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Judge Rejects Ghislaine Maxwell's 'Unprecedented' Request to Have Anonymous Witnesses
Ghislaine Maxwell's defense had requested that they be allowed three witnesses with name protection, similar to the sex abuse accusers who testified against the former confidante of Jeffrey Epstein.
Maxwell’s defense attorneys put forth the idea to U.S. District Judge Alison Nathan last week, asking for three of Maxwell’s witnesses to be able to testify using pseudonyms or under some other form of anonymity — protections similar to those granted to sexual abuse accusers, three of whom testified for the prosecution against Maxwell, but Nathan denied the motion.
“The Defense’s primary contention is that some form of anonymity for its witnesses is justified by the same reasons that the Court permitted three alleged victims and two related government witnesses to testify under pseudonyms,” Nathan wrote in a Thursday ruling, obtained by Law & Crime. “The Court disagrees with this basic premise and denies the Defense’s motion.”
Nathan described the request as “unprecedented” and stated that “there is no similar concern, as there are for alleged victims of sexual abuse, that denying the use of pseudonyms will deter reports of misconduct.”
Maxwell lawyer Bobbi C. Sternheim had argued that their witnesses may not testify if not shielded in such a manner.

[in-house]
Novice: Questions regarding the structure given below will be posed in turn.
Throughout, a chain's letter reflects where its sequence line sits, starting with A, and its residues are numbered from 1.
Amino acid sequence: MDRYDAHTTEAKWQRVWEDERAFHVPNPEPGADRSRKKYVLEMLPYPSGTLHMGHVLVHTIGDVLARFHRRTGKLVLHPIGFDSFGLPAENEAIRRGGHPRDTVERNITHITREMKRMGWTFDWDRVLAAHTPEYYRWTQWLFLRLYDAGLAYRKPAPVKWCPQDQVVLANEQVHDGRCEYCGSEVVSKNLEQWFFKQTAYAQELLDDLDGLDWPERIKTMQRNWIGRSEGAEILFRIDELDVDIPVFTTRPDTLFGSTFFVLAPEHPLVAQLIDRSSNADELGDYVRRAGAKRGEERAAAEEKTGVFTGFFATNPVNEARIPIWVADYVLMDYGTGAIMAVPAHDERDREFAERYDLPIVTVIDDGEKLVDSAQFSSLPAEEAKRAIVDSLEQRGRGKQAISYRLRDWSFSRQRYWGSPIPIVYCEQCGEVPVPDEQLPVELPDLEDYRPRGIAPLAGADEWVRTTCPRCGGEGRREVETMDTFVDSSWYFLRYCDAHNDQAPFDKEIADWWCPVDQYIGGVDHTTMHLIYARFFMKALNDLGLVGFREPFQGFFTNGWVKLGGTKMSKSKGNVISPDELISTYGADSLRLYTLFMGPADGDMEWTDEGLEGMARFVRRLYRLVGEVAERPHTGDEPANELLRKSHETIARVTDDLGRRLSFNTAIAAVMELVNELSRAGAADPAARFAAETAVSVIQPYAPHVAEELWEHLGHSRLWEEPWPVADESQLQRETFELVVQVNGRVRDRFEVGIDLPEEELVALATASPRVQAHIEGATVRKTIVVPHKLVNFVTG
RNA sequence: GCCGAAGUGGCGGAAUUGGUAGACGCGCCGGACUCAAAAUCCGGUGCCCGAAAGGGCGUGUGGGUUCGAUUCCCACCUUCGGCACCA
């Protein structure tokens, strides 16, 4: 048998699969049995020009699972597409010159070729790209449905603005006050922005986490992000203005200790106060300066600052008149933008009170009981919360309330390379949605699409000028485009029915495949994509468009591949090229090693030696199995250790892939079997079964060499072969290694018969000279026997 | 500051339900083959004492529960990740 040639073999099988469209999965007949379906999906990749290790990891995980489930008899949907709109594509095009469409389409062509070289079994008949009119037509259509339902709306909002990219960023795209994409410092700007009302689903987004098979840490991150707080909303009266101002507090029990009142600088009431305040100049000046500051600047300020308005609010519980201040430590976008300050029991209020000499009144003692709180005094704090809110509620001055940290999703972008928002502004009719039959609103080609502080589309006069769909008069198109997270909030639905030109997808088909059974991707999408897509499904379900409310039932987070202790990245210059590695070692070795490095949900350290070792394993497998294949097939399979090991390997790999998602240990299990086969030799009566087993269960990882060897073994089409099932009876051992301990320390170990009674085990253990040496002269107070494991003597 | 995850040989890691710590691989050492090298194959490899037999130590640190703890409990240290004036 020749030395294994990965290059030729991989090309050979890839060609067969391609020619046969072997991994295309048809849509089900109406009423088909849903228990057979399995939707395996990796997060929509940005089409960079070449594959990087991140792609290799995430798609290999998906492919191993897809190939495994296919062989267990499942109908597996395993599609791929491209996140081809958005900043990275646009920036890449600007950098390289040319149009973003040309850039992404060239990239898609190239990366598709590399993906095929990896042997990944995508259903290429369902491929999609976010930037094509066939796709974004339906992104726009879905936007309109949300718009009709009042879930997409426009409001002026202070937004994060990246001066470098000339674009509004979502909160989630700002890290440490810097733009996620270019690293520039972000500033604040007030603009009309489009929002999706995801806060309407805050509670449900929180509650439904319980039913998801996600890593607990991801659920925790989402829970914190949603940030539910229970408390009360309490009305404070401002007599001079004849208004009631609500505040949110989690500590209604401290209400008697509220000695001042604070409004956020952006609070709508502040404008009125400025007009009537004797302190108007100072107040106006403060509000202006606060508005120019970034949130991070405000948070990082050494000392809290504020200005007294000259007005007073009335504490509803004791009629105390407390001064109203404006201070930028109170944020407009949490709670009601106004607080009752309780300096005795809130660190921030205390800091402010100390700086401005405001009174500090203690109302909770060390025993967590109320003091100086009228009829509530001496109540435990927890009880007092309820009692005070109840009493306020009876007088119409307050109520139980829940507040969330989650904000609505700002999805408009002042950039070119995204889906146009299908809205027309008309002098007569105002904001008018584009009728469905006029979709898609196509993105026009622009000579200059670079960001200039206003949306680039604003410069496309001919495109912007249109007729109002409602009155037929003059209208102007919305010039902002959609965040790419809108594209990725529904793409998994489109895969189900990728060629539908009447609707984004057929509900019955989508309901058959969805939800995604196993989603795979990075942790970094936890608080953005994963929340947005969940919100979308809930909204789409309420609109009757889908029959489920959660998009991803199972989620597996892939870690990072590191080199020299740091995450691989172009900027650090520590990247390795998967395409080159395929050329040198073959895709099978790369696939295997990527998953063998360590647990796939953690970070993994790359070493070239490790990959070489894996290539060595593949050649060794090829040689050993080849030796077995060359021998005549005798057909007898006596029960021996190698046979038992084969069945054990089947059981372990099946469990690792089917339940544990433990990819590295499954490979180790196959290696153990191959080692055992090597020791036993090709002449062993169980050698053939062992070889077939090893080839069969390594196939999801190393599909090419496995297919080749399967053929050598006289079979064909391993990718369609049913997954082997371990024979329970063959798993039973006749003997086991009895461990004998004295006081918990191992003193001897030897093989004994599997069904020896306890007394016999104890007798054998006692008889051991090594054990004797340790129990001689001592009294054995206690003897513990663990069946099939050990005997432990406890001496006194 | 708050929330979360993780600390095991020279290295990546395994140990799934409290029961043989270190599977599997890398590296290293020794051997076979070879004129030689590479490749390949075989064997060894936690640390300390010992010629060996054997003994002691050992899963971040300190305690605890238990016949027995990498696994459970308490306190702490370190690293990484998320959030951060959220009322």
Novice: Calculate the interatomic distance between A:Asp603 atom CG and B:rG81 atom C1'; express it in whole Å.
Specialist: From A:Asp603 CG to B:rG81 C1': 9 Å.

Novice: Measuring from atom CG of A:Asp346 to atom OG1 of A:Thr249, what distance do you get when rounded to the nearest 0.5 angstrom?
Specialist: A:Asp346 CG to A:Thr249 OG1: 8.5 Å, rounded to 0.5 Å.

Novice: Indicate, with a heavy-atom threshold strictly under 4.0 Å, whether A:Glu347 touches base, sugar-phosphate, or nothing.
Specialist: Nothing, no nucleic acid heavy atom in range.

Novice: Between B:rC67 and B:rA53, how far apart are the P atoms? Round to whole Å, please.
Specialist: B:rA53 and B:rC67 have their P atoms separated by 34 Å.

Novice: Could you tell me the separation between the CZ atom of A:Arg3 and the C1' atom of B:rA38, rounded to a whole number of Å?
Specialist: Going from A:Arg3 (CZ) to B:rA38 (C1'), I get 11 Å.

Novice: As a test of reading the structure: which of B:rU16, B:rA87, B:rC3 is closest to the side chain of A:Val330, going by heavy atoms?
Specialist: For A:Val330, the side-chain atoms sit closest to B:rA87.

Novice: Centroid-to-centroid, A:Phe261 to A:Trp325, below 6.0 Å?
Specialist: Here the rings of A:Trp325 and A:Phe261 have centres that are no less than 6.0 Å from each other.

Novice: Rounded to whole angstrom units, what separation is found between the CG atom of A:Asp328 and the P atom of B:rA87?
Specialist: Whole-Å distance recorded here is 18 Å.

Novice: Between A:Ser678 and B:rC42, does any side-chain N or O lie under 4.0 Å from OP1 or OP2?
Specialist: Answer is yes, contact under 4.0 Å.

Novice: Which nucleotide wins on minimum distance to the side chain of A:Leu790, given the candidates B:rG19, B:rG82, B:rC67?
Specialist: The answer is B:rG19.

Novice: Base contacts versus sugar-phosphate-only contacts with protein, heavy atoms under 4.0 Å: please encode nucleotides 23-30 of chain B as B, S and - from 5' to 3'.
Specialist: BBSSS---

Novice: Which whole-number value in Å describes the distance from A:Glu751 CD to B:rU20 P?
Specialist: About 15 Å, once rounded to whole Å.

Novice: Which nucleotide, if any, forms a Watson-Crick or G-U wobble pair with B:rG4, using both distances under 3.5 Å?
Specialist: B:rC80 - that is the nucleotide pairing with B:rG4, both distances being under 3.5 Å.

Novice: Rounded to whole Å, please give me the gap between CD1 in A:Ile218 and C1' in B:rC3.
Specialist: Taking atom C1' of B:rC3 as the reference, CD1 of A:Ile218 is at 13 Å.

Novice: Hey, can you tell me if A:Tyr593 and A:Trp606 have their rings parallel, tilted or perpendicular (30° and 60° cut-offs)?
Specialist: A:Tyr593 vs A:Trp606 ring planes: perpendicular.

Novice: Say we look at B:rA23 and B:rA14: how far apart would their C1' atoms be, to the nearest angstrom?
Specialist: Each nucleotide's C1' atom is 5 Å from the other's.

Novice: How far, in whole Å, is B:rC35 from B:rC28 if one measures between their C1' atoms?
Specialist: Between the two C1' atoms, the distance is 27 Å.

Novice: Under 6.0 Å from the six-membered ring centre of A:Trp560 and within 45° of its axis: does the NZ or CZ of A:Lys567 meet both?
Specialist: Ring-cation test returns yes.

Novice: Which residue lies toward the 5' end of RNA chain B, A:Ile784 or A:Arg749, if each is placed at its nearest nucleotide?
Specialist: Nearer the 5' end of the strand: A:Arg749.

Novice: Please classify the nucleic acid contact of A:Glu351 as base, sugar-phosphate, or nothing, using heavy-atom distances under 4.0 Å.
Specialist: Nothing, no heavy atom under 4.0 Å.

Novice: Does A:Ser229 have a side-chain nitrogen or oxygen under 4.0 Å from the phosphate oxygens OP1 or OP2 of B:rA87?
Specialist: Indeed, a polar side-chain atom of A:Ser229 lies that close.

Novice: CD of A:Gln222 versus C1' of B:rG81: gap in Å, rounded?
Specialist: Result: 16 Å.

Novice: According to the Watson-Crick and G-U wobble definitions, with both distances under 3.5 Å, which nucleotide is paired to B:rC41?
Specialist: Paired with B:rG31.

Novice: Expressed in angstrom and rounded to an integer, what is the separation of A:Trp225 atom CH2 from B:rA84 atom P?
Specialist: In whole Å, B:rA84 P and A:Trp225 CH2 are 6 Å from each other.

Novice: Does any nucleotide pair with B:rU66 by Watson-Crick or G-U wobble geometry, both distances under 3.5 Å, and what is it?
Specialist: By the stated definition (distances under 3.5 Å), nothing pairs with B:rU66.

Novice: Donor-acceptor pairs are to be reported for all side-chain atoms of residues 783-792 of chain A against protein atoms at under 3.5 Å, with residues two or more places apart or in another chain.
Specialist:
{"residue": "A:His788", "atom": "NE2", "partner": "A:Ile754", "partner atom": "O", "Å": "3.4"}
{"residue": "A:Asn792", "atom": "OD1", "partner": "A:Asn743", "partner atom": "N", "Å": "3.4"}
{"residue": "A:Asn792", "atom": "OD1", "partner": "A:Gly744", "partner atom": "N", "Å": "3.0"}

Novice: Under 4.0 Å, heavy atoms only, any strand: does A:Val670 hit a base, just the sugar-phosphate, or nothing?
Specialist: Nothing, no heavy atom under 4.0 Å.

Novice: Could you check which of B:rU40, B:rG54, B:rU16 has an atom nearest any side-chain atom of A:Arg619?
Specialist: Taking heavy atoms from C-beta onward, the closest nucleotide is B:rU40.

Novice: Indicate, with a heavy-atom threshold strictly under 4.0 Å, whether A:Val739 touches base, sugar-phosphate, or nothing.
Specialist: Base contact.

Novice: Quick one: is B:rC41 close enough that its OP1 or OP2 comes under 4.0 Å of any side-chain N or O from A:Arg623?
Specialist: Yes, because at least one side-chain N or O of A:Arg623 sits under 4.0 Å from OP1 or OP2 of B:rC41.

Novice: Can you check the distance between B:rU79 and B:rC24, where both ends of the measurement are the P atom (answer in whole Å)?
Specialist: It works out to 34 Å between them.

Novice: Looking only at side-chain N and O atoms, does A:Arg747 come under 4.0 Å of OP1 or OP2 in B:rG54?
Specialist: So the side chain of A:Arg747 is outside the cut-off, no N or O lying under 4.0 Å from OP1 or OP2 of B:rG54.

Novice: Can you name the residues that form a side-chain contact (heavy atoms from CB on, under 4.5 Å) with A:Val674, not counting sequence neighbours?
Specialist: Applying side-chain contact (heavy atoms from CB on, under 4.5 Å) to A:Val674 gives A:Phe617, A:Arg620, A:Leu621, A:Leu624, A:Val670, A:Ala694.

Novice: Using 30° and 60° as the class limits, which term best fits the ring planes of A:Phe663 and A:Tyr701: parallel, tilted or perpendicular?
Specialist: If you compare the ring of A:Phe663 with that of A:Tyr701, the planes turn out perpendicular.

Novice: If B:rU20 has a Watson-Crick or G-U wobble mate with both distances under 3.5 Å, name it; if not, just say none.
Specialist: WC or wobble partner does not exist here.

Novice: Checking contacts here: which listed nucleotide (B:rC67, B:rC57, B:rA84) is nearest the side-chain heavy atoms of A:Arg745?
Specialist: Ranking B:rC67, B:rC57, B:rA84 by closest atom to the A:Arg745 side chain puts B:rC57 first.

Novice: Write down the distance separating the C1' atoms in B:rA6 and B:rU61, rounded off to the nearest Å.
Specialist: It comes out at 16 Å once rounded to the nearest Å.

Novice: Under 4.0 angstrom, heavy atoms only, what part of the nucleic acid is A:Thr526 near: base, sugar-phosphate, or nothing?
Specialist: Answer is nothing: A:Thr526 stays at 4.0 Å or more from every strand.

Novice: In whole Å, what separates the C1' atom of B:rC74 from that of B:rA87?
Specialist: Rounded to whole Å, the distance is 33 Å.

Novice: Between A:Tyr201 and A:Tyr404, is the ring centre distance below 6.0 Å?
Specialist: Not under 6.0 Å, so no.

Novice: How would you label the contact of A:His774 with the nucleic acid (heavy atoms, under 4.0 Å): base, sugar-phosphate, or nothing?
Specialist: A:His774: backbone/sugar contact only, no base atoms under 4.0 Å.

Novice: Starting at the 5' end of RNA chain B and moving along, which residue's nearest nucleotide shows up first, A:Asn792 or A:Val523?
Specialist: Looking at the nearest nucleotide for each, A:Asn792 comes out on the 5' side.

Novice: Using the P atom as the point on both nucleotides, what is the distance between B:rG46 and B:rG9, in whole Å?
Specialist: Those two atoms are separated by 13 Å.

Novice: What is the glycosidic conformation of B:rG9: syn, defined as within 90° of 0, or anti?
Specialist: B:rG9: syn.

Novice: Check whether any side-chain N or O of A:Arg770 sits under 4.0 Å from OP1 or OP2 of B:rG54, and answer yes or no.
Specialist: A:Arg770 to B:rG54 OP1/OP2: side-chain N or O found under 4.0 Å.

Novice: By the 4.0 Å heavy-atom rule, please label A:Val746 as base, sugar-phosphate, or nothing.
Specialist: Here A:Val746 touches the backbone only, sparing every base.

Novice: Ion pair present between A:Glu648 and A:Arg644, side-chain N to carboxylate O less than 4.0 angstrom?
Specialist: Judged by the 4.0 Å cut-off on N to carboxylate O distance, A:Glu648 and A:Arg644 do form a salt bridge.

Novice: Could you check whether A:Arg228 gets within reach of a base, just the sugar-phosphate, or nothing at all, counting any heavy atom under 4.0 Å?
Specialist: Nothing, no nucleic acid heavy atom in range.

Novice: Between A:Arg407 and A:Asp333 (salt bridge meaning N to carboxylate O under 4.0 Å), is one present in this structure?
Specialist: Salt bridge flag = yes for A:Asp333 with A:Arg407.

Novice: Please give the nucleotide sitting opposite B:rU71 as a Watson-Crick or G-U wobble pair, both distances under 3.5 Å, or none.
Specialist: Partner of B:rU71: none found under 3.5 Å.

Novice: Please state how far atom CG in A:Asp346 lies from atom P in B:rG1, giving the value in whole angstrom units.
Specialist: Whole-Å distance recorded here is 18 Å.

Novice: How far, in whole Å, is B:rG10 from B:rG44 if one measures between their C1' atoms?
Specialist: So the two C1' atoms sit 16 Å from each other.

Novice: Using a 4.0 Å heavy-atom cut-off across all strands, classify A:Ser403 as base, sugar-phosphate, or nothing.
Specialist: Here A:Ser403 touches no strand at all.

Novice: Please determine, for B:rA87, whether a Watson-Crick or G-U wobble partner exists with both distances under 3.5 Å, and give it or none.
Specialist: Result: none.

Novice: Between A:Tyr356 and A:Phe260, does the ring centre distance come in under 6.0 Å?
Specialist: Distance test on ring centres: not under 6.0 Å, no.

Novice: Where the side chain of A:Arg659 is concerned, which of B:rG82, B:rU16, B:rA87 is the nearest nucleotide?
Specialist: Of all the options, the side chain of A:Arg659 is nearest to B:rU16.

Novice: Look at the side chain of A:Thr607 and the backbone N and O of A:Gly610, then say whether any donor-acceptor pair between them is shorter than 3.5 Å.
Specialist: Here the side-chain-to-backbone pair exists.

“The court’s ruling on this issue may impact the willingness of these witnesses to testify, thereby compromising Ms. Maxwell’s right to present her defense,” Sternheim wrote in a letter to the judge on Sunday, according to the New York Times.
Of the 35 people on the defense’s witness list, which Maxwell’s defense noted last week in court that they intend to cut down, it’s not clear why these particular three need protection.
The defense began their case on Thursday morning in a New York federal courtroom, beginning with Maxwell’s former employee Cimberly Espinosa as the first witness, the New York Times reports.
“I highly respected Ghislaine,” Espinosa, who worked as Maxwell’s executive assistant from 1996 to 2002 testified Thursday, according to the New York Post. “I looked up to her very much.”
These years fit within the timeline of some of the worst allegations against Maxwell, 59, who is accused of recruiting and grooming teen girls as part of Jeffrey Epstein’s pyramid of sexual abuse. She faces six federal counts, including transporting minors to engage in criminal sexual activity and sex trafficking of children or by force, fraud or coercion. Epstein, who was found hanged in his jail cell in August 2019 at age 66, just one month after he was arrested on federal sex trafficking charges, referred to Maxwell as his "best friend" in a 2003 Vanity Fair profile.
Maxwell has pleaded not guilty to the charges against her and has adamantly denied any wrongdoing.
For more on the case, watch Peacock’s “Epstein’s Shadow: Ghislaine Maxwell.”